Linked by Thom Holwerda on Mon 16th Jul 2012 22:24 UTC
Features, Office Microsoft has released a consumer preview for Office 2013. Highlighting the age-old internal tug-of-war between the Office and Windows divisions within Microsoft, it's just a desktop application, no Metro, and the only nod to that whole touch/tablet-thing is a special mode that does very little. So, Windows 8 is just around the corner, and still not a single serious Metro application. Not even Microsoft's own flagship suite - heck, not even a single application within that suite - could be adapted to Metro in time. Serious vote of confidence from the Office division there.
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MollyC
Member since:
2006-07-04

I confess that I don't use OneNote enough to know how powerful the metro version is versus the desktop one. I'll take your word for it that the metro one is less powerful, but I'll say that I watched Microsoft's today's live demo of the metro version today and it's a very good app with some new features and innovative UI like the "radial menu". Consumers will like the metro version a lot; they'll like it more than the desktop version, IMO.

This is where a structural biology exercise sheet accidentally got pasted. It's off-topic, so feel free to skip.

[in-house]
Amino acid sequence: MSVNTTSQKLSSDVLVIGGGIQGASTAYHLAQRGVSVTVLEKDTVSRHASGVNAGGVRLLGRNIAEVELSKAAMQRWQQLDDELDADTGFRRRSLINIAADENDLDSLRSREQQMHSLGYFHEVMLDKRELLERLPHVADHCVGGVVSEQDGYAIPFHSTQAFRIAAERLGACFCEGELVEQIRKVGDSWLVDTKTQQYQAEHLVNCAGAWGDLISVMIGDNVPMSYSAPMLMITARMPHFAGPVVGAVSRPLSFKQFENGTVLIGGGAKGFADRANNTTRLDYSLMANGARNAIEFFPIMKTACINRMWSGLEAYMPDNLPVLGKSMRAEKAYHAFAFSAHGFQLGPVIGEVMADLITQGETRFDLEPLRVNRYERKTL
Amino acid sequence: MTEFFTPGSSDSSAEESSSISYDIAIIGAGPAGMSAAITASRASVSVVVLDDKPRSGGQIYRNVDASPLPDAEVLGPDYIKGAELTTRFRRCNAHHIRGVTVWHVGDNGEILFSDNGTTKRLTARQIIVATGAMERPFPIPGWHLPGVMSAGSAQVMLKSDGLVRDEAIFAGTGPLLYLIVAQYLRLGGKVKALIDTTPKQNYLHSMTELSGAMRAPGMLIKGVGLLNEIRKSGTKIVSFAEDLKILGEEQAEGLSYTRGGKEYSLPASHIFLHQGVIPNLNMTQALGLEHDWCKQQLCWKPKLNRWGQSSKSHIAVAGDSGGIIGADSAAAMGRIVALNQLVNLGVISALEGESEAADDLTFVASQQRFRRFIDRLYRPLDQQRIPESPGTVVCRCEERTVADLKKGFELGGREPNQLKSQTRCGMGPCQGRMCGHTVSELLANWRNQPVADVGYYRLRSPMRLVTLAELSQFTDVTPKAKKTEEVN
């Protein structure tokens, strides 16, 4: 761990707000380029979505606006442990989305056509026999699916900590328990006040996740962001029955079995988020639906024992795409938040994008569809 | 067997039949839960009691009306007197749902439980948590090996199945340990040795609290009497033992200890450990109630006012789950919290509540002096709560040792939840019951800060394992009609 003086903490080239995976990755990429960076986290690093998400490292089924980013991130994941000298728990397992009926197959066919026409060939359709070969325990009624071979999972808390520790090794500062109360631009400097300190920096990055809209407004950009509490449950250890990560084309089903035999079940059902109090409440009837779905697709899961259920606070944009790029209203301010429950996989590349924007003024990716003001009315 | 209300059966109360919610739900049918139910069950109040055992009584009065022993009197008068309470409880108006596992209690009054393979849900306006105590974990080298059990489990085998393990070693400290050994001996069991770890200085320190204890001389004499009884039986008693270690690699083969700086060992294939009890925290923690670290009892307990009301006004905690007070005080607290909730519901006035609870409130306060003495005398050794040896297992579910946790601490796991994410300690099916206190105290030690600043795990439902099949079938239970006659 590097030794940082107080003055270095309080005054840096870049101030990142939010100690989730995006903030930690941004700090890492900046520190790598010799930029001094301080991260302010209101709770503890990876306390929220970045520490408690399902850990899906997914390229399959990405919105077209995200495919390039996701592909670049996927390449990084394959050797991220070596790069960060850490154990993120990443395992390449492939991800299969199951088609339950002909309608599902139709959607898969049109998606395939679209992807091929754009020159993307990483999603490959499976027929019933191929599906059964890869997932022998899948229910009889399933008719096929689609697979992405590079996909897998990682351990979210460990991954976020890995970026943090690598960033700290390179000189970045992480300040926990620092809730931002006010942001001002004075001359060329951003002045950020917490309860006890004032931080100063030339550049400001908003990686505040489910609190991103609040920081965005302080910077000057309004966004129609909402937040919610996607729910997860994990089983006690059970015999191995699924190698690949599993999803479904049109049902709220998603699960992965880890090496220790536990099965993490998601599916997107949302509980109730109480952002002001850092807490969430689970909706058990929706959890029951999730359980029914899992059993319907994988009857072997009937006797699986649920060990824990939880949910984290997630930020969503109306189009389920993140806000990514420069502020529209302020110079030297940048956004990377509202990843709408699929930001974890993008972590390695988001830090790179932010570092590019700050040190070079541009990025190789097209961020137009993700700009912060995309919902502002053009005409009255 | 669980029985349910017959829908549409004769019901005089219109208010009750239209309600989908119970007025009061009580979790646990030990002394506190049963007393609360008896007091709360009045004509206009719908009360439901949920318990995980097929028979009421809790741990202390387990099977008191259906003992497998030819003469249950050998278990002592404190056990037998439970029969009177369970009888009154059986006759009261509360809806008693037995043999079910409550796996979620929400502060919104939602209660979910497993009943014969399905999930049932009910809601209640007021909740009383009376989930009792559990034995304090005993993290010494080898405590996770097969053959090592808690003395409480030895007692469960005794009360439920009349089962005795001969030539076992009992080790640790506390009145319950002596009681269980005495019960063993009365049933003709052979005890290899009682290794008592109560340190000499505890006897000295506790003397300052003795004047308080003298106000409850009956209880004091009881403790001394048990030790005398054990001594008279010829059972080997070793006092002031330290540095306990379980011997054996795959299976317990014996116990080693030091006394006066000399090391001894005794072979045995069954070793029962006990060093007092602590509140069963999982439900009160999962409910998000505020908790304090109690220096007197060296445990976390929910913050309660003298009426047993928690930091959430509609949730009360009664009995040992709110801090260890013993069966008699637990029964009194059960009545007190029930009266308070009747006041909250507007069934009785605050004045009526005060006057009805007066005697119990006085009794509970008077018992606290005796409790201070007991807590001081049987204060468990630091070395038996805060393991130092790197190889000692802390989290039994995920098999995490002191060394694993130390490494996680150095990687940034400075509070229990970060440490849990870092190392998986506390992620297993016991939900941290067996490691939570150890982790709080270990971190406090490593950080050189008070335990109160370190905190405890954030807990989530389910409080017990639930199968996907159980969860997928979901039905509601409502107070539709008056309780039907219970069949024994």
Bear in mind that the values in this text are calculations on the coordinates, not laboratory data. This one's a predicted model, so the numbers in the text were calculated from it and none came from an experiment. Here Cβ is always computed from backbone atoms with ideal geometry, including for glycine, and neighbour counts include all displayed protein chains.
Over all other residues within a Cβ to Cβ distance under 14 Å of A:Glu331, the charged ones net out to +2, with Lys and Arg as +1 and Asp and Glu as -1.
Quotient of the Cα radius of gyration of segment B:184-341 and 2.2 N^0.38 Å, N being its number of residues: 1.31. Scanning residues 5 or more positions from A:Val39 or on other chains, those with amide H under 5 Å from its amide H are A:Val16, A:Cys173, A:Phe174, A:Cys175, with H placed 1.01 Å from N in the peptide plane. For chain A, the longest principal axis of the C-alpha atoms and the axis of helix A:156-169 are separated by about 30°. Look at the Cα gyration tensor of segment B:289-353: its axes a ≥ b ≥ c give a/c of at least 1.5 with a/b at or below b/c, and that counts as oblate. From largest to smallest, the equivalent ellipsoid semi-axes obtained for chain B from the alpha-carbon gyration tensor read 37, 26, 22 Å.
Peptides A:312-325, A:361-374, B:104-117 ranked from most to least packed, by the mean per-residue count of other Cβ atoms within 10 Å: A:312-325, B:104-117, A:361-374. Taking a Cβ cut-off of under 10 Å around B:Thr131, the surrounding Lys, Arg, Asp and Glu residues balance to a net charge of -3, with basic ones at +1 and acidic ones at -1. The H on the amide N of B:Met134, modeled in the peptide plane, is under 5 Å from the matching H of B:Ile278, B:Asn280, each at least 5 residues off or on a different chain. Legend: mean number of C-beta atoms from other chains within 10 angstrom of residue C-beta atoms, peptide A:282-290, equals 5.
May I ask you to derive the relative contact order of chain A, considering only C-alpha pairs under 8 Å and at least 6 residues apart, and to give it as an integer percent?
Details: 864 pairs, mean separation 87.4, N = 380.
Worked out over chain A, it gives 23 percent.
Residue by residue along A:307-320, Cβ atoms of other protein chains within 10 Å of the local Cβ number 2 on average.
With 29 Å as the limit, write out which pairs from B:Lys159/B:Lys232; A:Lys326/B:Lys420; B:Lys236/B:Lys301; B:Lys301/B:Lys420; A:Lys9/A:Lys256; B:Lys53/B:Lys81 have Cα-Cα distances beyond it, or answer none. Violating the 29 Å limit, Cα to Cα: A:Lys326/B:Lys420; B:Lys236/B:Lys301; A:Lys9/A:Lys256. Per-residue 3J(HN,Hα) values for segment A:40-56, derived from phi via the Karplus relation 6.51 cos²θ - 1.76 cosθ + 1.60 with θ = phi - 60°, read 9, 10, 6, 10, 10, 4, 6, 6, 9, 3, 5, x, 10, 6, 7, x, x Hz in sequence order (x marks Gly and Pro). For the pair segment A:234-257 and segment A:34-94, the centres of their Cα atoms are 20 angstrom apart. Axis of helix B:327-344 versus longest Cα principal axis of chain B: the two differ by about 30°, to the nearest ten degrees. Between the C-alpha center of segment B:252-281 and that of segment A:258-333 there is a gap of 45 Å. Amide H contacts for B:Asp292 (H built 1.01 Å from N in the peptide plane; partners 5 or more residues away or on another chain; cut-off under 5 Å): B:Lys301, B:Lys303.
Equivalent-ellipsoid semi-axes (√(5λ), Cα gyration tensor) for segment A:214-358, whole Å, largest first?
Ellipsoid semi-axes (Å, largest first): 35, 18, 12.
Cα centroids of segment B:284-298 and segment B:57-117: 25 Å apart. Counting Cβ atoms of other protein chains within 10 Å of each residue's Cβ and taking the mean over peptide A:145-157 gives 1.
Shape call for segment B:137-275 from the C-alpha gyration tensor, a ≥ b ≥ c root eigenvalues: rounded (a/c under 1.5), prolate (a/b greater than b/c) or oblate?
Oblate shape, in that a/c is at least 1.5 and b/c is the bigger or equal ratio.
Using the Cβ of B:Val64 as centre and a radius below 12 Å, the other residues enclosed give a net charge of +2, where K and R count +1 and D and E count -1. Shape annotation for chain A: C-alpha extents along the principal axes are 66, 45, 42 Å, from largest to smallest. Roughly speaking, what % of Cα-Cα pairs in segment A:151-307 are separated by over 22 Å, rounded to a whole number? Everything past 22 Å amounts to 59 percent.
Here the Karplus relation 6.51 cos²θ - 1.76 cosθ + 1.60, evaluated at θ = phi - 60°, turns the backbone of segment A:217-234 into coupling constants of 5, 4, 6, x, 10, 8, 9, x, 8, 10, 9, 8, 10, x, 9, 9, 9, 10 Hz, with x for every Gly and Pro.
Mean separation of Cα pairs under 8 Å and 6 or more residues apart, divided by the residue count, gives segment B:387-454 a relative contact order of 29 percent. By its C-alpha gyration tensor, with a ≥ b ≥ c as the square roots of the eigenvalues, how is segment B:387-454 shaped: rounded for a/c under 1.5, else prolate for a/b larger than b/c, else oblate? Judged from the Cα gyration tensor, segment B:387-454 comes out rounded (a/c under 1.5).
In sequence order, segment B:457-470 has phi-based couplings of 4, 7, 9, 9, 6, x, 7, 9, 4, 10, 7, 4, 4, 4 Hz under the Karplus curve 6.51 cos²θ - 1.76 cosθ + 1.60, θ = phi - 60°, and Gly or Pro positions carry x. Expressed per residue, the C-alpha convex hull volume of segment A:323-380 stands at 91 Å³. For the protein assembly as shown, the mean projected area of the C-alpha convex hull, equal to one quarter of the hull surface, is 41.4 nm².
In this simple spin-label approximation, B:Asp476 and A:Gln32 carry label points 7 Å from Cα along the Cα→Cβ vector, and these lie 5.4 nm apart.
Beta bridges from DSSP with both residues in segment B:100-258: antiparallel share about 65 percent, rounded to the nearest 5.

And its exsitence still disproves your comment saying that there are no metro Office apps.

P.S.
I'm glad that I watched the live demo because the writings that I've seen totally miss the mark regarding Office 2013. Office 2013 looks great to me, but today's tech writers are so jaded and/or know nothing about Office except on a very cursory level, that they don't do it justice.

Back in MY day (I'm 153 years old :p), whenever a new version of a productivity app was released (by Microsoft, WordPerfect, Lotus, Borland, Ashton Tate, IBM, Harvard Graphics, Ventura, Adobe, Quark, etc), there would be reviews that appeared in publications like PC World, Mac World, Mac User, PC Magazine, etc, which would go into great detail about all the new features, and how they stacked up to competing products. Those reviews were written by people that actually knew something about the product. Today it seems that reviews/previews are written by "gadget" enthusiasts and "Web 2.0" (remember that lame term? lol) enthusiasts, and they are not qualified to review such products in any way, shape, or form. And it's shown in their writings, which miss entire areas of new functionality, miss entire areas of scenarios of usage.

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